Away from Turner’s portrayal of Jean Grey, much of the plaudits must be assigned to Michael Fassbender for his seemingly effortless return to the role of Magneto. While a lot of the action feels like a case of déjà vu and the dialogue laboured, both his fight sequences and his interactions with the other characters carry a weight to them that is distinctly lacking across the board. Alongside his love-hate dynamic with “old friend” Charles Xavier, Professor X’s interactions with Jennifer Lawrence’s Raven/Mystique and Hank McCoy/Beast are also among the most engaging aspects of the film. Built around a neatly constructed tension and the looming spectre of dissension in the X-Men’s ranks, the interpersonal relationships between the characters prove to be way more gripping than the lion’s share of the combat or depictions of each mutant’s powers.
Given its status as a landmark moment in the team’s overall lore, the hurried nature of the pacing seems at odds with the film that they were intending to make. As a result, the deaths that arise feel more like contractual and canonical offramps rather than anything that can carry emotional heft. On top of that, the side-lining of Evan Peters’ Quicksilver in favour of a spotlight on Storm, Nightcrawler and Jean Grey’s love interest Cyclops, leaves little space for his impeccable comedic timing or air of levity that he uplifted 2014’s Days Of Future Past with.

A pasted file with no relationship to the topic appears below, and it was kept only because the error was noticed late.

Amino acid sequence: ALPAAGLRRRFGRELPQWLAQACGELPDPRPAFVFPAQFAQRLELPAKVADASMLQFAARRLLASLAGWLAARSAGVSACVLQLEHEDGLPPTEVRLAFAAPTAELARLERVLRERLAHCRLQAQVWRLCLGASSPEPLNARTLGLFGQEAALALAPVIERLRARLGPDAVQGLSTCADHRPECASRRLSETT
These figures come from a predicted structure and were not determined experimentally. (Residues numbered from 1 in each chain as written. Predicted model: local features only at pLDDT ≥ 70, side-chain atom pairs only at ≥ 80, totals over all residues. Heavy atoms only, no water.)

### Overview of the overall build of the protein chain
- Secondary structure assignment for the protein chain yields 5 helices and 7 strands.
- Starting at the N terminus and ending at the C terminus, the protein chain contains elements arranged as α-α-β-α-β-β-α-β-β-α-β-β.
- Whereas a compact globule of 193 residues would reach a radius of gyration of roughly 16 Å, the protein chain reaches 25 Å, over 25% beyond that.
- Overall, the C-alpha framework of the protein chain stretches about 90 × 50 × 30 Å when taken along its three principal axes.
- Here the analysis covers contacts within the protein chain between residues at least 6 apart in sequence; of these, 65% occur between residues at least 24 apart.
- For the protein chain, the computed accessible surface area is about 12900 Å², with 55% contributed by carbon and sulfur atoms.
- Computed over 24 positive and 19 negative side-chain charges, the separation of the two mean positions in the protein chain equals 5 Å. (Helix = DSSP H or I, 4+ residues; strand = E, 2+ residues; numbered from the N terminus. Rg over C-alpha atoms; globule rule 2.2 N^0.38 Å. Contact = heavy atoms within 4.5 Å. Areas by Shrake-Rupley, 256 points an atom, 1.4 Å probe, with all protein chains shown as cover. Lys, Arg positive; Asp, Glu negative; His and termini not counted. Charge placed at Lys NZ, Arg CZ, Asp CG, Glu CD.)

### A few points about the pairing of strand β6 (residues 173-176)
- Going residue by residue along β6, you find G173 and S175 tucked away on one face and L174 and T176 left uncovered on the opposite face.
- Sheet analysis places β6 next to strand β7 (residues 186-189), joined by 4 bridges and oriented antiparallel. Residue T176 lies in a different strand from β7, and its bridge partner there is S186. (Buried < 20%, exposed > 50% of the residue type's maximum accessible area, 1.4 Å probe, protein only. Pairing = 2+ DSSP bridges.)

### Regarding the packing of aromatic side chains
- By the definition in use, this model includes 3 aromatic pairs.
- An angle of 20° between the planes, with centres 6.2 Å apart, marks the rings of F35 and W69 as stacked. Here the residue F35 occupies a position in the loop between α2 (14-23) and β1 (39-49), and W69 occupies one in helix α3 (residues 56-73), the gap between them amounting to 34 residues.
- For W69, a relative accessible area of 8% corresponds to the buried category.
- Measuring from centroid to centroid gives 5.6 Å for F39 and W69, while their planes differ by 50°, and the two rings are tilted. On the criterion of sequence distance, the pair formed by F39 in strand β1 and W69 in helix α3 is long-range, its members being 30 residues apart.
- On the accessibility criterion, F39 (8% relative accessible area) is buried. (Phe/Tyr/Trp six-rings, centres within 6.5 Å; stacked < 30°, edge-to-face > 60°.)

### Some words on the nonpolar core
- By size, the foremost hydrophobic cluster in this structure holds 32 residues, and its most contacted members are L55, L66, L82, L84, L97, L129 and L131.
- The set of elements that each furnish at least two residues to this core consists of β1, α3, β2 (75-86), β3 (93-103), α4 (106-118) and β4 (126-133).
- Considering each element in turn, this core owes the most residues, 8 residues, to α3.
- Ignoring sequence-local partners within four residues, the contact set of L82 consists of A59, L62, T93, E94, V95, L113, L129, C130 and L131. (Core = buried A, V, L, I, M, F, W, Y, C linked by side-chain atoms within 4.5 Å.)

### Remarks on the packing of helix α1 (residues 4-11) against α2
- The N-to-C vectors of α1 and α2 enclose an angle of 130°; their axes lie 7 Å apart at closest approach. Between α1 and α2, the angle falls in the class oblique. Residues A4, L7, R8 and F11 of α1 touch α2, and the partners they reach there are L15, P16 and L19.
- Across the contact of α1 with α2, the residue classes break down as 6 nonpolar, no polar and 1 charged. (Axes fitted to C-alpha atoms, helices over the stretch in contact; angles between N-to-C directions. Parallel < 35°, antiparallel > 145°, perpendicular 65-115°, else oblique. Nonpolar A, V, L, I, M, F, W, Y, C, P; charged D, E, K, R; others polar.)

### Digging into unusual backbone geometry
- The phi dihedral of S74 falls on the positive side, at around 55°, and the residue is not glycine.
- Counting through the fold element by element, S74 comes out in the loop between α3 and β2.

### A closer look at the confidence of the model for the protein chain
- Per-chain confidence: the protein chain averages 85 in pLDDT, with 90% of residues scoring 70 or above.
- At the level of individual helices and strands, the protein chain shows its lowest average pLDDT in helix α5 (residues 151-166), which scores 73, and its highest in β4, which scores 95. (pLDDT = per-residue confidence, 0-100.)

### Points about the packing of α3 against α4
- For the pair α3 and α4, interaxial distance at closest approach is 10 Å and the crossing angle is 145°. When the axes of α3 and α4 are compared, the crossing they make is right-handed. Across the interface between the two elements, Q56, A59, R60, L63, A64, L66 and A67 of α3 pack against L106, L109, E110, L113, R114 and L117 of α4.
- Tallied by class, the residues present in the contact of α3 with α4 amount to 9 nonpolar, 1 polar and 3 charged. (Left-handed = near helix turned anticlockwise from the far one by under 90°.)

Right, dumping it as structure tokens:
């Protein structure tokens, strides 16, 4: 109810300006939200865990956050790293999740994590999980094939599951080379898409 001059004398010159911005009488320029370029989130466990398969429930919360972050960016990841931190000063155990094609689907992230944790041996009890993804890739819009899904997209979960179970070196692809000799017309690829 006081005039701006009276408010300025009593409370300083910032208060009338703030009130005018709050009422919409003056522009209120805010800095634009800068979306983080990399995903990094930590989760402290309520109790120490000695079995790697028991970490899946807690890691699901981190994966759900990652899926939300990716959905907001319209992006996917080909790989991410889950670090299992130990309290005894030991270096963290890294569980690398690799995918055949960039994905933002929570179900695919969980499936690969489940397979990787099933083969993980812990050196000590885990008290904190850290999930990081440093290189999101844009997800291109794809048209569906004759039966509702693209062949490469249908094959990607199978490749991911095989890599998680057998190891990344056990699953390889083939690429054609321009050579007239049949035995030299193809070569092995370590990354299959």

From the costumes to the CGI, it doesn’t help that a film that should technically be in contention for summer blockbuster looks drab and dated. Brought to something of an abrupt halt, longtime fans of the franchise can take solace in its final scene that gives some sense of bringing things full circle to the arc that began way, way back in 2000.
For a series that’s been typified by triumphs and failures over the years, it’s a real shame that FOX’s run with X-Men has to end on a sour note. While everyone’s heart seemed to be in the right place going into it, refining the script and allowing more room for things to develop could’ve gone a long way to avert this lacklustre production.
Now that it’s been reclaimed by Disney and their Marvel Studios, we can but hope that the team that’s produced such a vital cinematic universe can salvage the rich character and lore of X-Men-- or X-Force-- from the still simmering wreckage of Dark Phoenix.